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tmop69

How to detect PAL/NTSC machines

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Is there a way to detect if a TI99 is a PAL or a NTSC version? While testing on the real machine some of  the BASIC games I've compiled, I've noticed that on my PAL machine they are a little slower than running on the emulator (set on NTSC). So I would like to try to differentiate the delay added on the code based on the machine version.

 

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- In Extended Basic, let a sprite move across the screen and measure the time until it reaches some goal.

- In assembly language, poll CRU line 2 and check how many iterations it takes until the line is down (normally up).

 

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1 hour ago, mizapf said:

- In Extended Basic, let a sprite move across the screen and measure the time until it reaches some goal.

- In assembly language, poll CRU line 2 and check how many iterations it takes until the line is down (normally up).

 

Is there a way to check the CRU from XB? The test with the sprite would be ok for a brand new program (e.g. during the game title), but not feasible if you want to compile an existent one.

 

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Does compiling make the difference between NTSC and PAL bigger?

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54 minutes ago, Asmusr said:

Does compiling make the difference between NTSC and PAL bigger?

These legacy games were not designed to by compiled, so it's necessary to place some delays on CALL KEY/JOYST and HCHAR/VCHAR instructions to make the game playable.


Usually from 2 to 4 frames of delay is enough for KEY/JOYST, while for HCHAR/VCHAR it depends on the game. To compile I'm using the emulator set to NTSC (so 60hz) and the tuning was done on such setup. When I've tested some compiled games on my PAL TI99 I was able to notice the difference. Nothing severe, however why not trying to see if this can be improved? So, this is the reason of the question.

 

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The reason I'm asking is that the only difference between NTSC and PAL with respect to speed should be when something is interrupt driven, which for XB means sprite movement or sound. And I would assume the difference is the same compiled or not.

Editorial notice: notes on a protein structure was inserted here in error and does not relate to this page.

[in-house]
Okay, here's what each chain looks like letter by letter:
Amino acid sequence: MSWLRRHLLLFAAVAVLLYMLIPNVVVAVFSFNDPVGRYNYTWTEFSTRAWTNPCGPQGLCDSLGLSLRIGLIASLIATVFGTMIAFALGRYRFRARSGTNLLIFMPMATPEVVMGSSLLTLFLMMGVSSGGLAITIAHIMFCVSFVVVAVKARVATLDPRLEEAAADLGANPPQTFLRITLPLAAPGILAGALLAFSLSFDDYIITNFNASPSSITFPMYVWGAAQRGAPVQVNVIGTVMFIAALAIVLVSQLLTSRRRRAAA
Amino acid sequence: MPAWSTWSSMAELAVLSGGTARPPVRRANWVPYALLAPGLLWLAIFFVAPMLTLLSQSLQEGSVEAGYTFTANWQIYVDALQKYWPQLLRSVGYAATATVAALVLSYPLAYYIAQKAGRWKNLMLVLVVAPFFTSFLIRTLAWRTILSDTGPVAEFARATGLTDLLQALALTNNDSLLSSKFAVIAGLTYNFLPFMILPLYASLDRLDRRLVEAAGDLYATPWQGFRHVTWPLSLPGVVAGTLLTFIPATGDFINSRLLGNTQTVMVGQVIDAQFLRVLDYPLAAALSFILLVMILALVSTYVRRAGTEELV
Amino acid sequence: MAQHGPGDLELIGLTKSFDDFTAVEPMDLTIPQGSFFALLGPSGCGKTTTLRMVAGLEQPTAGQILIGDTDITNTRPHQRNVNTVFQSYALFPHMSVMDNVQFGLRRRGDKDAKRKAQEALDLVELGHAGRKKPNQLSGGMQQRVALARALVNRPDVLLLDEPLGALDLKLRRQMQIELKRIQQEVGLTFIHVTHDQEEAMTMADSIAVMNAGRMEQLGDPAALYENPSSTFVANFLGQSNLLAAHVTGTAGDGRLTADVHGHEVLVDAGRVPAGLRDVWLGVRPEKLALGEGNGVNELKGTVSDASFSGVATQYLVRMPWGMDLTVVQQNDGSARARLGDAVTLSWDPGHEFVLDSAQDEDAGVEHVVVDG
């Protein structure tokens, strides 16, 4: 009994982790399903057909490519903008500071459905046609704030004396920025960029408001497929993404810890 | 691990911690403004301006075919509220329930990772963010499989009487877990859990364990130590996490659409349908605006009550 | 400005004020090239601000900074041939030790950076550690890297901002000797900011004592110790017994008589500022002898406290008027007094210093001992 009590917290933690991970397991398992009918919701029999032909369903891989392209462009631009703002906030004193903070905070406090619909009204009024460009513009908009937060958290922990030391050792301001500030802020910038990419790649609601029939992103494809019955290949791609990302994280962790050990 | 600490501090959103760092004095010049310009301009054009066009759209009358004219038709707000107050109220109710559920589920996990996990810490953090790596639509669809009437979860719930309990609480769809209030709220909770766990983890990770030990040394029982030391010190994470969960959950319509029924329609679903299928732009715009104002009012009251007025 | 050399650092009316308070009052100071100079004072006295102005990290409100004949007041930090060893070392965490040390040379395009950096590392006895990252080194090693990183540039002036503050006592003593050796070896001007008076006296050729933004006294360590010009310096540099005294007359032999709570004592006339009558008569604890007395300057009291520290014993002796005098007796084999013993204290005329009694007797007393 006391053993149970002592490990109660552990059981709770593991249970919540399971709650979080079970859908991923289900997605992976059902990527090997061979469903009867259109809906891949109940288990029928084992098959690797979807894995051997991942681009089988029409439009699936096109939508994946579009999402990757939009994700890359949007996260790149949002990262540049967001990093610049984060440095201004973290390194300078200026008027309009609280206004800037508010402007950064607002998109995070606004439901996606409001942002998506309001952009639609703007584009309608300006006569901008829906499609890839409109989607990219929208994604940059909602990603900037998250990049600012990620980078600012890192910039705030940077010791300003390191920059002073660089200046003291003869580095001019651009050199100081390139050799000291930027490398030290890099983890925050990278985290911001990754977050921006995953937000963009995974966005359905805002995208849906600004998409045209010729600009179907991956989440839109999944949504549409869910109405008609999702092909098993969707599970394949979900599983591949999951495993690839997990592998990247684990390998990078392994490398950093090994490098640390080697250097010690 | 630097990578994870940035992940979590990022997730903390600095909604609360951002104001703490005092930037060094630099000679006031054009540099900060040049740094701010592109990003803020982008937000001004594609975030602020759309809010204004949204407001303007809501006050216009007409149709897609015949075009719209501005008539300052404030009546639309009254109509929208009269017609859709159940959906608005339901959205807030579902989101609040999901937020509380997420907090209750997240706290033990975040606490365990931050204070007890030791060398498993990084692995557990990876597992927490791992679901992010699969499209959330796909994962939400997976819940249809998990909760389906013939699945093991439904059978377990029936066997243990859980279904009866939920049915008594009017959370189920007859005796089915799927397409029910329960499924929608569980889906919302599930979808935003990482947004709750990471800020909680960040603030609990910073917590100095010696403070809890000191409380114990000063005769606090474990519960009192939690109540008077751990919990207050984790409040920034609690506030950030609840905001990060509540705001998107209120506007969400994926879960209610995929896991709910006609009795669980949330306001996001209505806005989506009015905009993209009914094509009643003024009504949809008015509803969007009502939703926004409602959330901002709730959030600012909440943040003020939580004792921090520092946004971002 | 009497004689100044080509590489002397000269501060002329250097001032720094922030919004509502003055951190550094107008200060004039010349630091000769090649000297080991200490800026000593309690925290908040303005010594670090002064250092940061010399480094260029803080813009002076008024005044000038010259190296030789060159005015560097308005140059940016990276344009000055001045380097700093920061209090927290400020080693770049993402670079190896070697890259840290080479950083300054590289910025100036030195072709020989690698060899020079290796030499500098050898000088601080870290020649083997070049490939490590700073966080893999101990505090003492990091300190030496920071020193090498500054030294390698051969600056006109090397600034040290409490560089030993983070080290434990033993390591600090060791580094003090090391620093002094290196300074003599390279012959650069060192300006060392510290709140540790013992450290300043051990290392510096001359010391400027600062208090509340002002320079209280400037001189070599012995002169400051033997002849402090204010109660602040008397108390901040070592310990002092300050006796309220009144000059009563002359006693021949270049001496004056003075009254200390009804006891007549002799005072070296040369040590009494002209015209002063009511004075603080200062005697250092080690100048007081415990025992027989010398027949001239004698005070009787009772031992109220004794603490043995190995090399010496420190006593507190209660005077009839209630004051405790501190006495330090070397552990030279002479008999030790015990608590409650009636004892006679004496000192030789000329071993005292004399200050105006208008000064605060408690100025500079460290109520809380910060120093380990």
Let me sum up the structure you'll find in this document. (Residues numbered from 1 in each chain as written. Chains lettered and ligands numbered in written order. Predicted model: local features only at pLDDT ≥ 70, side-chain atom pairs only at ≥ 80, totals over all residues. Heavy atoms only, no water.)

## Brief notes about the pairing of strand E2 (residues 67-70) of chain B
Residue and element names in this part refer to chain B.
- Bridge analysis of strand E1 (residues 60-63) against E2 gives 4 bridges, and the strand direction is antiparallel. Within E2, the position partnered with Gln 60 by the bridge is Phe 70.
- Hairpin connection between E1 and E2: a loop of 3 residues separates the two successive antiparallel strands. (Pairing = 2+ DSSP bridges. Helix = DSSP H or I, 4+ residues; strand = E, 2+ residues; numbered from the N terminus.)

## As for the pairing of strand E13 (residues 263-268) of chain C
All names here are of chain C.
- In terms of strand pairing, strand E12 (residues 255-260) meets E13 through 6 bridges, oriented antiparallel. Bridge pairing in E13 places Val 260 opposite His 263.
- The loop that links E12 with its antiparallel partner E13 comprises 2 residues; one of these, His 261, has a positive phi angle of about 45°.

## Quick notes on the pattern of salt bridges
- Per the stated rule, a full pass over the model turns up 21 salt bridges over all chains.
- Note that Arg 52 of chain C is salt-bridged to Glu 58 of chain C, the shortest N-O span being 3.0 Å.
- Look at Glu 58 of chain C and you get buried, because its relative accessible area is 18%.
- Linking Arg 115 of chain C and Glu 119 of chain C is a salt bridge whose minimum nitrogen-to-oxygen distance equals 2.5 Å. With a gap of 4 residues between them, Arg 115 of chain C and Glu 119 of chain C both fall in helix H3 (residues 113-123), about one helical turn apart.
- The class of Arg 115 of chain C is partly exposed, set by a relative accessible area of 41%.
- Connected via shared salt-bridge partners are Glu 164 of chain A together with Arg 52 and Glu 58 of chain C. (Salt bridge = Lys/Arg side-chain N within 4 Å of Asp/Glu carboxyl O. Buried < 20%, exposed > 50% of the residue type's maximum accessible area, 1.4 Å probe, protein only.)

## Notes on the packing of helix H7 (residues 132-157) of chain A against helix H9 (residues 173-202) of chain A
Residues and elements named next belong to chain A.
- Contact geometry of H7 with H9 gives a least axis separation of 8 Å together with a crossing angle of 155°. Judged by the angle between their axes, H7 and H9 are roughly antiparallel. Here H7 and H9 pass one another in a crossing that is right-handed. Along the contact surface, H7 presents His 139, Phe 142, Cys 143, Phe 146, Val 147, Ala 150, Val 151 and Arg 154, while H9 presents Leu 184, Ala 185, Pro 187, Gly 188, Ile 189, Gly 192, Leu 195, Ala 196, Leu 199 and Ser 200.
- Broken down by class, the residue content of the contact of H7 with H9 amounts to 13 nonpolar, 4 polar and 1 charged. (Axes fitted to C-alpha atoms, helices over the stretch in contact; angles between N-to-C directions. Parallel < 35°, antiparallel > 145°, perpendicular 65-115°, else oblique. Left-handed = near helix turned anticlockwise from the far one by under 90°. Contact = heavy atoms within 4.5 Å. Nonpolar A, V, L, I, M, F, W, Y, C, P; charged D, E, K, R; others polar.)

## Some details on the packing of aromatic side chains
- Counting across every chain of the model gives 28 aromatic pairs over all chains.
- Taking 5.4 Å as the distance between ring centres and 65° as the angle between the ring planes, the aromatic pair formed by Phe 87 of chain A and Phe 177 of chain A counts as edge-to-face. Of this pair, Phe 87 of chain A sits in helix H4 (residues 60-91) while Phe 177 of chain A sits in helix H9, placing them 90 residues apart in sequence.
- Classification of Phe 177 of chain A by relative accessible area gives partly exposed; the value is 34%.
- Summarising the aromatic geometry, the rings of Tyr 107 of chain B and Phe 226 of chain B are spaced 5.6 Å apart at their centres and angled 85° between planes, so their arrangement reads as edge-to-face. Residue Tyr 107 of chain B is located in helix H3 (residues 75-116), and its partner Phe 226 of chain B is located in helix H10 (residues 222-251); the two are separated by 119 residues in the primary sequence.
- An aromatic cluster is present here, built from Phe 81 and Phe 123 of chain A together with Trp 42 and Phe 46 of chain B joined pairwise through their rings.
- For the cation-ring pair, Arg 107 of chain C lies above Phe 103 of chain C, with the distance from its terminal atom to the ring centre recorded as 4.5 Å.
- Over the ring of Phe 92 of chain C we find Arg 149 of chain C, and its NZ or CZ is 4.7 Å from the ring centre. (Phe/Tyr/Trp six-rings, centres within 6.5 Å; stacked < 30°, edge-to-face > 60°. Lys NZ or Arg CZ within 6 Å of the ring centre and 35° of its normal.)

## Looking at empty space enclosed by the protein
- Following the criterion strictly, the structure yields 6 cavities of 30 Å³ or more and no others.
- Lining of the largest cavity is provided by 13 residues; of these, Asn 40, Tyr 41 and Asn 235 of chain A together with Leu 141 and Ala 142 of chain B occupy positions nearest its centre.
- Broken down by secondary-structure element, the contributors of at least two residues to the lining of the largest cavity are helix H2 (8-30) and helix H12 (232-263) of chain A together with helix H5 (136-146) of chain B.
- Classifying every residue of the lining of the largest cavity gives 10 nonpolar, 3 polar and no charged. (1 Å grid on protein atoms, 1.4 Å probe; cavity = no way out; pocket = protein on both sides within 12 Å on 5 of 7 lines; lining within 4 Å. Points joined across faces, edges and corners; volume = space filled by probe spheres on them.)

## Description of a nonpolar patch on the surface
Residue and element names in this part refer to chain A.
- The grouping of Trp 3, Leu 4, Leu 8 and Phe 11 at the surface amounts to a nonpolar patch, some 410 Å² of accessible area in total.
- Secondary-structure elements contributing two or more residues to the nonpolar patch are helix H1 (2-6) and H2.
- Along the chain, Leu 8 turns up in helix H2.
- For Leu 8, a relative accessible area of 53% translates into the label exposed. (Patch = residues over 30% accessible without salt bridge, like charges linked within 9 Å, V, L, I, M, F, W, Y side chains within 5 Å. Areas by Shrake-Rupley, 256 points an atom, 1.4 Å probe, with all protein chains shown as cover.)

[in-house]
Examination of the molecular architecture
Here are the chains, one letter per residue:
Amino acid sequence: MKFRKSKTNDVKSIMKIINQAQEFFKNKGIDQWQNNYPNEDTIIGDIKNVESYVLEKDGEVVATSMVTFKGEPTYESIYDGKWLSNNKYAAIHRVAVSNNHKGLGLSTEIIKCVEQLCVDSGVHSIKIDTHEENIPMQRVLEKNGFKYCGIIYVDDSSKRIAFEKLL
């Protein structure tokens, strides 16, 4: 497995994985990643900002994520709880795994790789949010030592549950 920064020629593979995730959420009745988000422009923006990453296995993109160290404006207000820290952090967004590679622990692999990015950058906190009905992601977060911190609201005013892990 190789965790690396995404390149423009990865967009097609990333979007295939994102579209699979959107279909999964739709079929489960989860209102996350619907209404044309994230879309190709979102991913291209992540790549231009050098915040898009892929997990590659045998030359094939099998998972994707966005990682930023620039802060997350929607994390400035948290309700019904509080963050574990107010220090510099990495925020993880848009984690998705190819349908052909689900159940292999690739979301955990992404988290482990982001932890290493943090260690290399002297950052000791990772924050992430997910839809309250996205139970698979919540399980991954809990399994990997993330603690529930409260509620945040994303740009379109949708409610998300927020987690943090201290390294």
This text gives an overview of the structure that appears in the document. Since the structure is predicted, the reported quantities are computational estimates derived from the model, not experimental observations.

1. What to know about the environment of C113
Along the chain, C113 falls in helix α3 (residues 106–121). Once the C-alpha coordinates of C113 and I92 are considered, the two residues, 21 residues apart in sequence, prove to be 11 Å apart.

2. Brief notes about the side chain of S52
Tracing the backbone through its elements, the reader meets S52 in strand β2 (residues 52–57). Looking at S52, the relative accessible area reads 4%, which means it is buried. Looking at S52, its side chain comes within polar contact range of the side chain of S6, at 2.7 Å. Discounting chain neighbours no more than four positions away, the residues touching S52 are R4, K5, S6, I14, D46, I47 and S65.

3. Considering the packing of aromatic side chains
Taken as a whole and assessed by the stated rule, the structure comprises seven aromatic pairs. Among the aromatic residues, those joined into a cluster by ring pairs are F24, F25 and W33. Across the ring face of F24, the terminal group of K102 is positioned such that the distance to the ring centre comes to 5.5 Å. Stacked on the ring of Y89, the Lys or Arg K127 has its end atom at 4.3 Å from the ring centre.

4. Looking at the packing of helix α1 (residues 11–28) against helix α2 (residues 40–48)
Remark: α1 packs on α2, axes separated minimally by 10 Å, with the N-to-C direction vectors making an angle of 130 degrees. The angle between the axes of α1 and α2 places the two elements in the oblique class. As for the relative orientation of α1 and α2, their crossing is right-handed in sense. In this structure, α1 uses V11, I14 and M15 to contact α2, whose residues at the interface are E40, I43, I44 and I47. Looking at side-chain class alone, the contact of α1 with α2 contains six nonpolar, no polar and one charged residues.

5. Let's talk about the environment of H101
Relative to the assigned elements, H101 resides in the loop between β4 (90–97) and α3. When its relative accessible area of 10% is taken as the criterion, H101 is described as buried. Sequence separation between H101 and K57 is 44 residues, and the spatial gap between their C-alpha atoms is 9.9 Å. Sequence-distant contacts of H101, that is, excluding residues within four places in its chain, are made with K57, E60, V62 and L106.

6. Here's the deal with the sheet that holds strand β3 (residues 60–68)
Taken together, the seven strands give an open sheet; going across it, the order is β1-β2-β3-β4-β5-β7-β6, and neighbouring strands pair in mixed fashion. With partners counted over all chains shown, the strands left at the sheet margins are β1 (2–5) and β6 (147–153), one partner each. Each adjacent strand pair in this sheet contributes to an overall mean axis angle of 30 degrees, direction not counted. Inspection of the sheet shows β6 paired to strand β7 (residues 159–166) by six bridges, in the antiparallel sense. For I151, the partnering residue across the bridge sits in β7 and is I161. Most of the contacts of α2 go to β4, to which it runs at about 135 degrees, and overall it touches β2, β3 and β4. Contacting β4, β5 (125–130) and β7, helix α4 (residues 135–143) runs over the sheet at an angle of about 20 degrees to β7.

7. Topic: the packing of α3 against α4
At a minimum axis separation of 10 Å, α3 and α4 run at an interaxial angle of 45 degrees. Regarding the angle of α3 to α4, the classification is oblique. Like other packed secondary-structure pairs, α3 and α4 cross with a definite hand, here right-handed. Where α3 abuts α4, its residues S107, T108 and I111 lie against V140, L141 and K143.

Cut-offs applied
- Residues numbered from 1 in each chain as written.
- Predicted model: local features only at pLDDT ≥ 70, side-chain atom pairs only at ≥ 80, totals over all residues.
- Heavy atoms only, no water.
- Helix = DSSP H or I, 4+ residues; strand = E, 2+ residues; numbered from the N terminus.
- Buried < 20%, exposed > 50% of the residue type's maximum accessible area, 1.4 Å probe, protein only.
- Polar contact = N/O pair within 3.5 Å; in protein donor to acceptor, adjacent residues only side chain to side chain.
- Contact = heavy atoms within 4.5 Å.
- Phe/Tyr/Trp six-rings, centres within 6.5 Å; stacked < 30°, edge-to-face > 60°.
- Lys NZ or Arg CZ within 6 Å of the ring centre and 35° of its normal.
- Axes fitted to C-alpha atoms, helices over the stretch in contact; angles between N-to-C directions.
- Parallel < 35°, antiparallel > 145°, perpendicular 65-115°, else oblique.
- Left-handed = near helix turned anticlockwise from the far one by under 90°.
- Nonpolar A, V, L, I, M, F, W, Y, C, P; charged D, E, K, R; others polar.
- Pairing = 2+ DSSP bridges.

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1 hour ago, tmop69 said:

Is there a way to check the CRU from XB? The test with the sprite would be ok for a brand new program (e.g. during the game title), but not feasible if you want to compile an existent one.

For a minimal impact, one could do that with a sprite color that blends with the background.

 

10 CALL SPRITE(#1,42,8,96,1,0,10)
20 A=0
30 CALL POSITION(#1,X,Y)
40 A=A+1
50 IF Y<20 THEN 30
60 IF A>15 THEN PRINT "PAL/50 Hz" ELSE PRINT "NTSC/60 Hz"

 

Accessing CRU is only possible via machine language programs.

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6 minutes ago, mizapf said:

For a minimal impact, one could do that with a sprite color that blends with the background.

 

 

10 CALL SPRITE(#1,42,8,96,1,0,10)
20 A=0
30 CALL POSITION(#1,X,Y)
40 A=A+1
50 IF Y<20 THEN 30
60 IF A>15 THEN PRINT "PAL/50 Hz" ELSE PRINT "NTSC/60 Hz"

 

 

Accessing CRU is only possible via machine language programs.

 

Thanks!

 

 

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13 hours ago, Asmusr said:

The reason I'm asking is that the only difference between NTSC and PAL with respect to speed should be when something is interrupt driven, which for XB means sprite movement or sound. And I would assume the difference is the same compiled or not.

The sprite speed should be the same, but the value that the BASIC code counts up to while timing would change. :)

 

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4 hours ago, Tursi said:

The sprite speed should be the same ...

The ISR is called 50 versus 60 times a second, so how would the sprite speed be the same ? :)
 

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I think Tursi referred to the timing of the compiled versus the interpreted version.

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3 hours ago, sometimes99er said:

The ISR is called 50 versus 60 times a second, so how would the sprite speed be the same ? :)
 

The question was compiled XB versus not compiled.

 

(Edit: Well, there were two overlapping questions, I guess, but that's the one I was answering ;) ).

 

Edited by Tursi
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On 11/14/2020 at 7:17 AM, tmop69 said:

Is there a way to check the CRU from XB? The test with the sprite would be ok for a brand new program (e.g. during the game title), but not feasible if you want to compile an existent one.

 

RXB has a command CALL IO that can talk to any CRU address but some care may be required on some that might interfere with GPL or OS.

A WIFI Weather Station is any example of it being used on a TI99/4A using XB language.

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